Today, is actually silent in the Gospels. Today is the daythe terrible events of Christ’s false trials, beatings, revilements and crucifixion and death, and His glorious, powerful and eternal resurrection. And, in light of our desire to get past the hard, scary and uncomfortable parts of he story and get on to the crescendo and climax of the story, I think we skip over this day.

Today is the day in the middle. The day where Christ did not rise.

Imagine the way it must have felt to Mary, Christ’s mother, or James, his half-brother, or Mary Magdalene, who was forgiven from deep sin, or to Peter and James who let their nets to follow him.

On that morning–Passover morning–they had to awake to a world that must have been suddenly and shockingly infinitely darker and lonelier for them.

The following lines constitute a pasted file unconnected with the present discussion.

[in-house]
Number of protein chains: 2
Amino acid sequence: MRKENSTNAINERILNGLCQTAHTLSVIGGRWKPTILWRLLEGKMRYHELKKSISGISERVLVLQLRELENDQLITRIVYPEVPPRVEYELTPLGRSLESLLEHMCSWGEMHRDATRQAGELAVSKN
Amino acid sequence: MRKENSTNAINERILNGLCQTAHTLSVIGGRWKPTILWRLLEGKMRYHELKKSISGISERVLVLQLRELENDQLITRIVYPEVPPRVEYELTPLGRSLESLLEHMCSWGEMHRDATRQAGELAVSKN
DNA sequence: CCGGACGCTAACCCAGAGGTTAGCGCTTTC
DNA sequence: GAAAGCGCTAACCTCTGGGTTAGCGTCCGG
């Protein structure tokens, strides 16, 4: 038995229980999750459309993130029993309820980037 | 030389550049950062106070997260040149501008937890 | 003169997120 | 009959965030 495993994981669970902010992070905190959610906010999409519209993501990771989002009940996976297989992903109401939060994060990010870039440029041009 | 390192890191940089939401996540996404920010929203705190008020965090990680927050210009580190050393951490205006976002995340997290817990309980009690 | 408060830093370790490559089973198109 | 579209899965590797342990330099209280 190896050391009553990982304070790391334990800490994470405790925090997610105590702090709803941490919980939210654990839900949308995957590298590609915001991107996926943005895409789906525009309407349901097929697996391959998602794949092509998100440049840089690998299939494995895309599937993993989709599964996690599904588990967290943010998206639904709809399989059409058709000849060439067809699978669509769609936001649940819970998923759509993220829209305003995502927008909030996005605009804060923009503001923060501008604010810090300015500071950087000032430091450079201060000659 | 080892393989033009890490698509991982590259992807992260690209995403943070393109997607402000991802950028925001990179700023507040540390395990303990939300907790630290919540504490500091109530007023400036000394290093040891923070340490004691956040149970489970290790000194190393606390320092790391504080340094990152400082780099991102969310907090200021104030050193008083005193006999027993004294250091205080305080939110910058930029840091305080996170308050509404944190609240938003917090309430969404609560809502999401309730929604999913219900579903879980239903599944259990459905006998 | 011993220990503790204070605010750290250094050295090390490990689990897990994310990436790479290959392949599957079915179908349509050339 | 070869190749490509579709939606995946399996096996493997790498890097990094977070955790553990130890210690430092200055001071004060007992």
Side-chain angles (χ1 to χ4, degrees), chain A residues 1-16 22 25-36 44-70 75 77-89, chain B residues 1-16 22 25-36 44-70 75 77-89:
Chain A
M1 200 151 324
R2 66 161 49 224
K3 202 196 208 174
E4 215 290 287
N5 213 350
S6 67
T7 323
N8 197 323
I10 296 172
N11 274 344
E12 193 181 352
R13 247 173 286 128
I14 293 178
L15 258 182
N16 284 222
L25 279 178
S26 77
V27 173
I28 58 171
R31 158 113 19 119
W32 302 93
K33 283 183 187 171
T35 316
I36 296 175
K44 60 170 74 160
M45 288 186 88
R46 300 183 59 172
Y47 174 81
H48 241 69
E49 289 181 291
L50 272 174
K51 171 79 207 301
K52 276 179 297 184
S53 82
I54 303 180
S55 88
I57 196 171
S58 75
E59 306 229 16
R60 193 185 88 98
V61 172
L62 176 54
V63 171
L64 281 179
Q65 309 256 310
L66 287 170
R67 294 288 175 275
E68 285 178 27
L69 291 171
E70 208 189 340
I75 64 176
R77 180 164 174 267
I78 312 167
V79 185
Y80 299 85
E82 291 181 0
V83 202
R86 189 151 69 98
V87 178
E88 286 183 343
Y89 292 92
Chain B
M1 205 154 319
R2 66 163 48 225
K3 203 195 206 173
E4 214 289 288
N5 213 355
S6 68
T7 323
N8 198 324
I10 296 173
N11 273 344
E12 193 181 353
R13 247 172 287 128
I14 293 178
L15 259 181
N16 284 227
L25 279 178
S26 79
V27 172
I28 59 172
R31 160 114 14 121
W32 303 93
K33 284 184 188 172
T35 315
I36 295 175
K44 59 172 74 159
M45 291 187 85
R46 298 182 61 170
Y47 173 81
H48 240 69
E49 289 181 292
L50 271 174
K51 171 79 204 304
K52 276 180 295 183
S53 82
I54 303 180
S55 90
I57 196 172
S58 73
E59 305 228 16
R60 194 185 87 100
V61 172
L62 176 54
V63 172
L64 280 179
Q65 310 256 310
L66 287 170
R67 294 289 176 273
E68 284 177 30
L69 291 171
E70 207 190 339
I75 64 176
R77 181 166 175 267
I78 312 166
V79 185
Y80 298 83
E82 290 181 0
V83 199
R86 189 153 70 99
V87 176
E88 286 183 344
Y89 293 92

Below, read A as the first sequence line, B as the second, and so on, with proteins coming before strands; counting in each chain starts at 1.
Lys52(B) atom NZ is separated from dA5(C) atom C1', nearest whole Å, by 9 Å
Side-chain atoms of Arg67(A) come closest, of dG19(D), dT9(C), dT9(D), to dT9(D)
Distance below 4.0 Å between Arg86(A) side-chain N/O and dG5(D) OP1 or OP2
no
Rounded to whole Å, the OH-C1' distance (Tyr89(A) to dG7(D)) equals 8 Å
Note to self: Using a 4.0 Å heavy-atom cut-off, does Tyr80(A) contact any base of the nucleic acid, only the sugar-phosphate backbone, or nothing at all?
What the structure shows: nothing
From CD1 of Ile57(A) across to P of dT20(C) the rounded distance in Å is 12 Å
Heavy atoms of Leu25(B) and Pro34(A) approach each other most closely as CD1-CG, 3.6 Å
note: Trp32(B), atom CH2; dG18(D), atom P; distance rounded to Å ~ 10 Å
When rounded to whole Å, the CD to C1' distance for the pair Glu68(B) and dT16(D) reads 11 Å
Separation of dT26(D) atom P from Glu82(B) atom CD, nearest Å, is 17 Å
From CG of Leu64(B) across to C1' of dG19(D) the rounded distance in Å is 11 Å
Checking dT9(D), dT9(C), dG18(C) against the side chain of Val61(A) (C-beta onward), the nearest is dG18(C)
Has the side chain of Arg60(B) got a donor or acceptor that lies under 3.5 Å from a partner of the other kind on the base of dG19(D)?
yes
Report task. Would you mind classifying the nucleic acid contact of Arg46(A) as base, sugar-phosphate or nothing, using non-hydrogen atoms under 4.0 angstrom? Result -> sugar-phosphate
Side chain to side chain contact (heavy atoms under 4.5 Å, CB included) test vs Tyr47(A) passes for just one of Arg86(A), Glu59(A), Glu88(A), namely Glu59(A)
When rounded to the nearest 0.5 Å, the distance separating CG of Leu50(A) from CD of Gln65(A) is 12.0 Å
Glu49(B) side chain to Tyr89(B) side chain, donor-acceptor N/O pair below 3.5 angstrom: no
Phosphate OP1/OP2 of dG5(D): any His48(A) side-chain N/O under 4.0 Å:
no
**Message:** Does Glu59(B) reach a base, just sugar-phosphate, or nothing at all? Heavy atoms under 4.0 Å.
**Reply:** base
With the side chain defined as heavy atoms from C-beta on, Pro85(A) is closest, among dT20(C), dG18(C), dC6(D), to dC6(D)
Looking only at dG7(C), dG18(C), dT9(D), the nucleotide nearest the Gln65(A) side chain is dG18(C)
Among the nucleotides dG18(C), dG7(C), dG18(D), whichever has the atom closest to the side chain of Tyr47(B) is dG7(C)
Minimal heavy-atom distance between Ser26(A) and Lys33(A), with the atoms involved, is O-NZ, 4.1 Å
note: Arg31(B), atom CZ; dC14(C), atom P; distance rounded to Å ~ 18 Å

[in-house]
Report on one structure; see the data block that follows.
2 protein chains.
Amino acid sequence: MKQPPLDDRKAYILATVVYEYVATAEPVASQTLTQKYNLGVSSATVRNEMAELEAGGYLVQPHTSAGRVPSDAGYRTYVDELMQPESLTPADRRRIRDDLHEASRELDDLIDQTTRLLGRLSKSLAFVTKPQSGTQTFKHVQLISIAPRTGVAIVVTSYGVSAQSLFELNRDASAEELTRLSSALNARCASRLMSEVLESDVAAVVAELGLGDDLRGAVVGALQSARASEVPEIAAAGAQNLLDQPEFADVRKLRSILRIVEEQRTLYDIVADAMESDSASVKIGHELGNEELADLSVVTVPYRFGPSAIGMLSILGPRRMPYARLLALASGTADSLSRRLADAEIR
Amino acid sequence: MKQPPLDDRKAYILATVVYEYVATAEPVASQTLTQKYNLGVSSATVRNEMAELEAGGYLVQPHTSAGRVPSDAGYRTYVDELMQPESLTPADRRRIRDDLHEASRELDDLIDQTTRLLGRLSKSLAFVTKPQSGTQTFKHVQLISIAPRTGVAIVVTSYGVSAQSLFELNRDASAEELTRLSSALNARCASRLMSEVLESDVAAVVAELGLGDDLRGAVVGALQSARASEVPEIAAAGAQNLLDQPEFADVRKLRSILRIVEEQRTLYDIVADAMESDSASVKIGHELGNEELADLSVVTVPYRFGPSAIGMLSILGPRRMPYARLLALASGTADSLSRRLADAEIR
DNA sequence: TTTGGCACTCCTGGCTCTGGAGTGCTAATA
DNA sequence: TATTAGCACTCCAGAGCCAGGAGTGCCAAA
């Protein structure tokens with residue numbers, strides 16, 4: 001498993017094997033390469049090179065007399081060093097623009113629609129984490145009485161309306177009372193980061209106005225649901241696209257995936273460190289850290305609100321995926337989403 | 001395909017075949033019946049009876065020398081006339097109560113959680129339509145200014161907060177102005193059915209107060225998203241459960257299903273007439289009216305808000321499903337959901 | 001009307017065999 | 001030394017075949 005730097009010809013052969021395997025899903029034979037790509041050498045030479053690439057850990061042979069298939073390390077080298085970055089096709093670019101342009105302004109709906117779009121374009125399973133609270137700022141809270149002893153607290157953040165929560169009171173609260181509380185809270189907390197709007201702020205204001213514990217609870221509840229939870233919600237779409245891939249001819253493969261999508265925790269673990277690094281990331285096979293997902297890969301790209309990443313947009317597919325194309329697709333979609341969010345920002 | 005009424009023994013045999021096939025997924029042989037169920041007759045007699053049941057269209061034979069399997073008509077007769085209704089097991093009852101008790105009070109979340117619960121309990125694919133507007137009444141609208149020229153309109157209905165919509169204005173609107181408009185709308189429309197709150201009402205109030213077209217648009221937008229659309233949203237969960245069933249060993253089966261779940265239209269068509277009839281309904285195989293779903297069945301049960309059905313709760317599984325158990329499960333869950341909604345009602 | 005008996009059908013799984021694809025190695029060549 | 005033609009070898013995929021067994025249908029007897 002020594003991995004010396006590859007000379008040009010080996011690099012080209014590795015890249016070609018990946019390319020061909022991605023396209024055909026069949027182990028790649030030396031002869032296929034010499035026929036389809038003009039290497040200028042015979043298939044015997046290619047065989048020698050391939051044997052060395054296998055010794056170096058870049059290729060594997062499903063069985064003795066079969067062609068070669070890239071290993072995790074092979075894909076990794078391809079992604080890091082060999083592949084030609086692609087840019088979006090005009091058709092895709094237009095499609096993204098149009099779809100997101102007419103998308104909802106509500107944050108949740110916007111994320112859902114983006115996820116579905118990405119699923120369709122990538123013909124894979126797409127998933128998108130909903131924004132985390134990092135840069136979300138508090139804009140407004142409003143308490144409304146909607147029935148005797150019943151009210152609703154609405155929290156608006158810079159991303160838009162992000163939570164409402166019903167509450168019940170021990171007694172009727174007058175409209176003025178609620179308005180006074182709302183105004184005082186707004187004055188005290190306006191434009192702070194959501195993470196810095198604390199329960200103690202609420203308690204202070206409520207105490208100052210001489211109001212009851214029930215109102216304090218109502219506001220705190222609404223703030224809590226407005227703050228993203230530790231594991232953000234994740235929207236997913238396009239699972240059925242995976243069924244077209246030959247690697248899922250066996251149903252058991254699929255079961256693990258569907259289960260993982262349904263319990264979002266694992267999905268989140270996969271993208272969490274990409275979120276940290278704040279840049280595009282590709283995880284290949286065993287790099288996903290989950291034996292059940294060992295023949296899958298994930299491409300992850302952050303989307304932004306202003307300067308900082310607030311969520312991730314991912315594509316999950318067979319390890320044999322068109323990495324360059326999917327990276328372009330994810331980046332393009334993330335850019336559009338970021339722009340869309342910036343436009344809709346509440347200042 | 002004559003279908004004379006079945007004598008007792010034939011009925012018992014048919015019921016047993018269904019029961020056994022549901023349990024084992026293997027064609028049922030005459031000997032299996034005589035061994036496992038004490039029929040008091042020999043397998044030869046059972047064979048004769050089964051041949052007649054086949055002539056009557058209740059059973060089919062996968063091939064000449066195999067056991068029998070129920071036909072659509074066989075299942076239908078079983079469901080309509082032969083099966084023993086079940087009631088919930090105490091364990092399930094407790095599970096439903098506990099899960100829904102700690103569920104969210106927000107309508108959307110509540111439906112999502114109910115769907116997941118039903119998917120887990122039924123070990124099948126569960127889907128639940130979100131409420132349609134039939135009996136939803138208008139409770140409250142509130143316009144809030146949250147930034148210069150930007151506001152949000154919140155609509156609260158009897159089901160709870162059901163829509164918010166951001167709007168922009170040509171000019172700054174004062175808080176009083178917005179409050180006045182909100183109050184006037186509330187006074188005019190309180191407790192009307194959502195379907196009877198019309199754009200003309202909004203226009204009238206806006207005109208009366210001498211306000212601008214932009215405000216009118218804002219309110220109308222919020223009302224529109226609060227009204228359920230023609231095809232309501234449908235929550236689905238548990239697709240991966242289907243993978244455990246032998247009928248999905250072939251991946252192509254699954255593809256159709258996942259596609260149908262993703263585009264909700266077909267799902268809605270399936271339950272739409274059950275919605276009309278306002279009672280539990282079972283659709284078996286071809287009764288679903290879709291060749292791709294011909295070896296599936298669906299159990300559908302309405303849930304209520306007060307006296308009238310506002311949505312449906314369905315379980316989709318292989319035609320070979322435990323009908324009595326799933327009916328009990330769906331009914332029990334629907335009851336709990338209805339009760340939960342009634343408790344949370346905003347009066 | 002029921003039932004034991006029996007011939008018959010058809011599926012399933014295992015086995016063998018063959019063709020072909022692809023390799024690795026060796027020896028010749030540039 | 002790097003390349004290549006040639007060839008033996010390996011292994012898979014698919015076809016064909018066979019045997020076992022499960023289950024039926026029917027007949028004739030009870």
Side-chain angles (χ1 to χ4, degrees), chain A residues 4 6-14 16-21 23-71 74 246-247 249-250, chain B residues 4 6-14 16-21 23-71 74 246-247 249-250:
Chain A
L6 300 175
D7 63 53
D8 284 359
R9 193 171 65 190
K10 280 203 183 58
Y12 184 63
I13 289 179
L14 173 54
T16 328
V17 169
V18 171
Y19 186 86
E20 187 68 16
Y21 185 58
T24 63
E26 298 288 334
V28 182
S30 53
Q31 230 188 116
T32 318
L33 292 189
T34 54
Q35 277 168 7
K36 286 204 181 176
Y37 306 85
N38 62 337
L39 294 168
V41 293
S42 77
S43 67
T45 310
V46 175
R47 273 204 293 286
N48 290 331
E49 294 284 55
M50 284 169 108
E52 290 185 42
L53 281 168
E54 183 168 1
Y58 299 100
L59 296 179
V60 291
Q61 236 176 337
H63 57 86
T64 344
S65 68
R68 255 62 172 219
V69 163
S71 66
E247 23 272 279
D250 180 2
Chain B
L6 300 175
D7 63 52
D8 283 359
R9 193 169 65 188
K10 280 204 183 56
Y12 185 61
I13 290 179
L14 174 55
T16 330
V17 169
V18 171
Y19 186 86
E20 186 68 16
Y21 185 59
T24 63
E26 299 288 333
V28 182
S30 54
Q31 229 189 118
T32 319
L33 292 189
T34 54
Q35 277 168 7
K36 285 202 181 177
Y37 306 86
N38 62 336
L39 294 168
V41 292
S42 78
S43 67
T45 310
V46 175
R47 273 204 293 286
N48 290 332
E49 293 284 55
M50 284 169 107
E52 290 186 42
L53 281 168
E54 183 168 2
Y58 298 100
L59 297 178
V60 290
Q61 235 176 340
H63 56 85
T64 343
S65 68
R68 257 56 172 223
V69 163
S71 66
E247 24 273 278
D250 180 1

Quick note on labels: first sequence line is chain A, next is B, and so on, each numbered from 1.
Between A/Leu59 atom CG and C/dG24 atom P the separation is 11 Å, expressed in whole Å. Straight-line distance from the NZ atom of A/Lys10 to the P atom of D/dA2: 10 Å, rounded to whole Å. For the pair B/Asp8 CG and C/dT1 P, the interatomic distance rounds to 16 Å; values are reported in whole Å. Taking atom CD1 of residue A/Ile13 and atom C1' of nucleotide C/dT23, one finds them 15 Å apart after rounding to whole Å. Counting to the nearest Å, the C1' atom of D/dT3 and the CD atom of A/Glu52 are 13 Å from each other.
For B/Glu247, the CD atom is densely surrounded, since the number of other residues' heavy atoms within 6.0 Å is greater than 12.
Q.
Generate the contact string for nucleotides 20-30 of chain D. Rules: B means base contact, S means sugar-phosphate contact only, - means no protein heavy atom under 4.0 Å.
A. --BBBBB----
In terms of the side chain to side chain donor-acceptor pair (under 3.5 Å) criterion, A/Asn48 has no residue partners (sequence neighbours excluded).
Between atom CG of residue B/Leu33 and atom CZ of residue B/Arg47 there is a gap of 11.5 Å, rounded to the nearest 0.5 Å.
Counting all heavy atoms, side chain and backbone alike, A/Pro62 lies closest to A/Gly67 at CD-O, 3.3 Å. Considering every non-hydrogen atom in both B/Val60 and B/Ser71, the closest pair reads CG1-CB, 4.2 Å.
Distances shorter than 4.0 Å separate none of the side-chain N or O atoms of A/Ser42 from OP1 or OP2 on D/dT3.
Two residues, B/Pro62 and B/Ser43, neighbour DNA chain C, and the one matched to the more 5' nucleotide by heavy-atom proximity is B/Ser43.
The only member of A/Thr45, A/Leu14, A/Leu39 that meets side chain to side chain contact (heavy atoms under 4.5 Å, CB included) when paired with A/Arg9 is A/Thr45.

• Today was the day that the sun rose high on a world where, to them, there was no more Savior.
  • There was nothing more to look forward to, and everything they held on to had been lost.
  • They all had to wake up that morning, but Jesus, who they thought and felt and were sure was the Savior, was dead. He, who they followed daily for years, did not rise with them.
  • Today, the throngs of gawkers and onlookers were gone.
  • Today, hope was gone.
Of course, we know the end of this story. The weeping Mary Magdalene came to the tomb early the next morning mourning Him, and He had risen! He talked to her. He tenderly brought quiet peace and wonder to her. He had risen!

The end of this story is the glorious sunrise of the next day.

The next day, the Son rose.

And tomorrow, the sun will rise, too.

The next time you feel hopeless, alone, or in deep despair, remember that bitter, lonely morning for Jesus’ closest friends — the middle day– And do not forget that tomorrow, and the dawn, is coming.